Holiday season

9 things we love about our first holiday in Portugal

We moved to Portugal in the spring of 2021 and have enjoyed the special pleasures each season has brought so far. We learn the language, the customs and the culture. And now that the end of the year is approaching, there are many things we love about our first holiday season in Portugal. We’ll only share a few of our favorites with you.

Photo credit: Sue Reddel and Diana Laskaris

1. Festive lights and displays

Christmas is very important in Portugal. We first noticed a festive mood building when our local grocery store started playing familiar Christmas songs and carols with a new area showcasing chocolates, nuts, dried fruit and other seasonal treats. .

But the biggest displays are taking shape in the streets – the light displays. The magic of the end of the year celebrations began with an illumination ceremony in Cascais. Huge arches, a giant Christmas gift and tree, and a Hanukkah menorah now light up downtown. An illuminated Ferris wheel turns slowly in front of the Estoril Casino. And the streets of Lisbon display sparkling gifts, bows, candy canes and even jellyfish above their heads. A huge Christmas tree, the largest in Europe, lights up Place Commercio. This year’s dazzling blizzard of white lights is impressive.

Bolo rei King's Cake in Lisbon
Photo credit: Sue Reddel and Diana Laskaris

2. Delicious sweet treats

We enjoyed the wide range of everyday Portuguese sweets. But Portugal pulls out all the stops for the festive period. One of the most popular treats is Bolo Rei, or King’s Cake. Portugal’s sweet masterpiece features sweet bread topped with nuts and candied fruit. The bakers use their own picks and there are even mini versions that you can enjoy on your own if you don’t want to share. A variation is Bolo Rainha or Queen’s Cake, which skips candied fruit and focuses on nuts and dried fruit. The Confeiteria Nacional and other bakeries present the best of their parties to grateful customers.

There are many other sweet treats that appear during the holiday season. Some of the most popular include different approaches to sweet fried dough, including the sonhos (fried choux pastry), filhos (fried yeast dough), and malasadas (fried donuts without holes). Often covered in sugar and spices, these treats are one of the things we love about our first Portuguese vacation.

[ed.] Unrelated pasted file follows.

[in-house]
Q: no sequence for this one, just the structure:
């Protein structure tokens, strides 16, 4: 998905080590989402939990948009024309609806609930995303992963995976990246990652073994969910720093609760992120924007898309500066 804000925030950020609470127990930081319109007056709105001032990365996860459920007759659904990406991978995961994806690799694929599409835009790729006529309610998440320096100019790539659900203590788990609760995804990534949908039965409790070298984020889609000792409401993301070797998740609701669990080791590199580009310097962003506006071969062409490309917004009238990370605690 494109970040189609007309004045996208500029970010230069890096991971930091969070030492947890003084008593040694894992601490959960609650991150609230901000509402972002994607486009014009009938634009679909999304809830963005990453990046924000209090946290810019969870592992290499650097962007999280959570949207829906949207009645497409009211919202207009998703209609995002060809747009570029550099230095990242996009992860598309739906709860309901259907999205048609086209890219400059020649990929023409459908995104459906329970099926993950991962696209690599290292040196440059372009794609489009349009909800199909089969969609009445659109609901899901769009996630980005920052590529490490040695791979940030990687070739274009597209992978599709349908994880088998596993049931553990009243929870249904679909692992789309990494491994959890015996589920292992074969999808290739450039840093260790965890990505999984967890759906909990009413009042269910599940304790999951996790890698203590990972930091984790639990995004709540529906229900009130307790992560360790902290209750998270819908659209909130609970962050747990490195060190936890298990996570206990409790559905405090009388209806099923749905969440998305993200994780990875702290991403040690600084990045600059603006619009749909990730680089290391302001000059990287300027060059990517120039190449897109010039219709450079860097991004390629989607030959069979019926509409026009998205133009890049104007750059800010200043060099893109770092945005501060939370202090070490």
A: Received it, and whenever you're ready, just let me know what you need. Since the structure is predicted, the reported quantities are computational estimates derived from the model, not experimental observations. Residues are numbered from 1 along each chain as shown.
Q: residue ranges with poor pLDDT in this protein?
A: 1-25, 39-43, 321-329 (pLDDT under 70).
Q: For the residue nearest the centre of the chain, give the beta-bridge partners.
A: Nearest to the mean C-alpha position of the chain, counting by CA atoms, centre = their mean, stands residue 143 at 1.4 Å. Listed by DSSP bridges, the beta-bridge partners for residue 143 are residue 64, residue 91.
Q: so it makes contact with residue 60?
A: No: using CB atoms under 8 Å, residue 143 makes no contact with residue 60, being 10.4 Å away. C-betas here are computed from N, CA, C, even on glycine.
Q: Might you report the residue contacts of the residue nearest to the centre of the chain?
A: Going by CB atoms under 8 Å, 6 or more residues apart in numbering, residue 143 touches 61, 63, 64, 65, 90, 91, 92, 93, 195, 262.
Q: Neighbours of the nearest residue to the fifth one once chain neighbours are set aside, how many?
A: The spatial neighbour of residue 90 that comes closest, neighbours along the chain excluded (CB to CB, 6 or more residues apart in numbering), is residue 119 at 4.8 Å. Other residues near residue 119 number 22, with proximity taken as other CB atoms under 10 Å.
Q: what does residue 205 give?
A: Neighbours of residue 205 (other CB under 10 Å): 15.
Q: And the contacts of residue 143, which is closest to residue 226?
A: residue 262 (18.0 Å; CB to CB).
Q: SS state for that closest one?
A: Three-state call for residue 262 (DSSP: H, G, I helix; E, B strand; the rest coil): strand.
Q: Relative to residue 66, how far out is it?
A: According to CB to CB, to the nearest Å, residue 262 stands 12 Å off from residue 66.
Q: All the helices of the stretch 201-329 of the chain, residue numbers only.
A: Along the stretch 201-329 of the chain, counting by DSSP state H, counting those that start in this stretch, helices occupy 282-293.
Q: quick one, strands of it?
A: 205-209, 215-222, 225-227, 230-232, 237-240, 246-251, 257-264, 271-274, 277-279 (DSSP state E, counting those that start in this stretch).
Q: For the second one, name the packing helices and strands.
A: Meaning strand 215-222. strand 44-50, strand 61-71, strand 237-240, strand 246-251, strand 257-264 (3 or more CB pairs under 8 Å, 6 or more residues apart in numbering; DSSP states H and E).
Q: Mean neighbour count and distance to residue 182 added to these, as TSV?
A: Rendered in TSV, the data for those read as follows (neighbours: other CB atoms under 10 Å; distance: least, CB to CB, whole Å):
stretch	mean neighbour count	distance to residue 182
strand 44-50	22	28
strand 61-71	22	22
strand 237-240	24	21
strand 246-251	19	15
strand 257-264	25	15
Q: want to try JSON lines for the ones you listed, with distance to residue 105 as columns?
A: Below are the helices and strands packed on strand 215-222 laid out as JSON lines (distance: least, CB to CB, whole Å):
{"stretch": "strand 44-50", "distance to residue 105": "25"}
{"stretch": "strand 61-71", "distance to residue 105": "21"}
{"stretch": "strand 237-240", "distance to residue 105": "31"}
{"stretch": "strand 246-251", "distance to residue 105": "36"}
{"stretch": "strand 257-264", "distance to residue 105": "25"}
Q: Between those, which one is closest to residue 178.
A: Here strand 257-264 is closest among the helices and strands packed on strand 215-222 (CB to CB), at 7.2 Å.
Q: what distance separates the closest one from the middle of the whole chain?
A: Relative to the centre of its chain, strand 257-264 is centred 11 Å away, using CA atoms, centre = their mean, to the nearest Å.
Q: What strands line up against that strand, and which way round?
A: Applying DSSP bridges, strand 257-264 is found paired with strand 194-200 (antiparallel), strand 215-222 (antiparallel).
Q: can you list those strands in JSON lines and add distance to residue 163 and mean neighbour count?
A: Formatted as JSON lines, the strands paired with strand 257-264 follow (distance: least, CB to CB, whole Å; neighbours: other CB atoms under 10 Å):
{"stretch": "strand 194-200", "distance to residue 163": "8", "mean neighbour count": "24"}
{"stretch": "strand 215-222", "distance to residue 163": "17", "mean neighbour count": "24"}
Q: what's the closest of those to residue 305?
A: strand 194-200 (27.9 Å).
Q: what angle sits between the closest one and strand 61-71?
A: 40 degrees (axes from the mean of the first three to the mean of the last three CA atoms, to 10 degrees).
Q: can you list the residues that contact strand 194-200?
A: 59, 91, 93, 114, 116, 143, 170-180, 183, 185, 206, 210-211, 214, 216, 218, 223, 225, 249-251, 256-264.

Vendor's stand at a Christmas market in Lisbon
Photo credit: Sue Reddel and Diana Laskaris

3. Christmas markets

We do not hide our love for Christmas markets. And Portugal is starting to add more of these festive spots to its own holiday traditions. Lisbon has several to soak up the Christmas cheer. Larger Christmas markets include Wonderland Lisboa, Campo Pequeno, Natalis and the bustling Rossio Christmas Market. We explored the many fun stalls with handmade gifts and crafts, handcrafted accessories and, of course, plenty of delicious treats.

For something really different, we ventured about an hour from Lisbon to the ancient walled city of Óbidos. The whole city, quite magical at first, turns into Vila Natal (Christmas Village). Theater performances, puppet shows, Christmas concerts, and magic join an ice rink, Ferris wheel, Christmas train, and more. We could not leave this holiday paradise without tasting one last time the famous cherry liqueur which is a specialty, the Ginjinha d’Óbidos, which warmed us to the toes.

Roast turkey, a traditional Christmas dish
Photo credit: Sue Reddel and Diana Laskaris

4. Traditional Christmas foods

When the festive season arrives, the Portuguese add to their already spectacular culinary tradition. Christmas is really a 2 day holiday. On Christmas Eve, families all over Portugal most often enjoy a meal called Bacalhau com Todos (cod with everything) salt cod soaked and simmered with a combination of sides such as carrots, cabbage, boiled egg, potatoes and chickpeas drizzled with olive oil, vinegar and garlic. This traditional meal is known as consoadafrom Latin meaning to comfort or console because it comforted family members who made a long, cold journey to be together during the holidays.

Christmas Day brings another festive meal, this time with meat. While lamb and goat are appearing in many homes, turkey has become increasingly popular. It’s a time when finding a whole turkey isn’t a challenge (unlike a traditional Thanksgiving meal in the US in November). Another popular way to serve turkey at Christmas is called Peru Recheado, which is a rolled turkey breast filled with a variety of stuffing choices.

Monte Estoril beach, Portugal
Monte Estoril beach, Portugal (Photo credit: Sue Reddel & Diana Laskaris)

5. Weather

While we’ve certainly grown to love our white Christmas vacations living in the Midwest, there’s a lot to be said for a milder climate. We can walk to the beach and stroll along the Paredao, a coastal promenade that runs from Lisbon to Cascais. The weather is cooler for sure, which adds to the feeling that the seasons here are with us.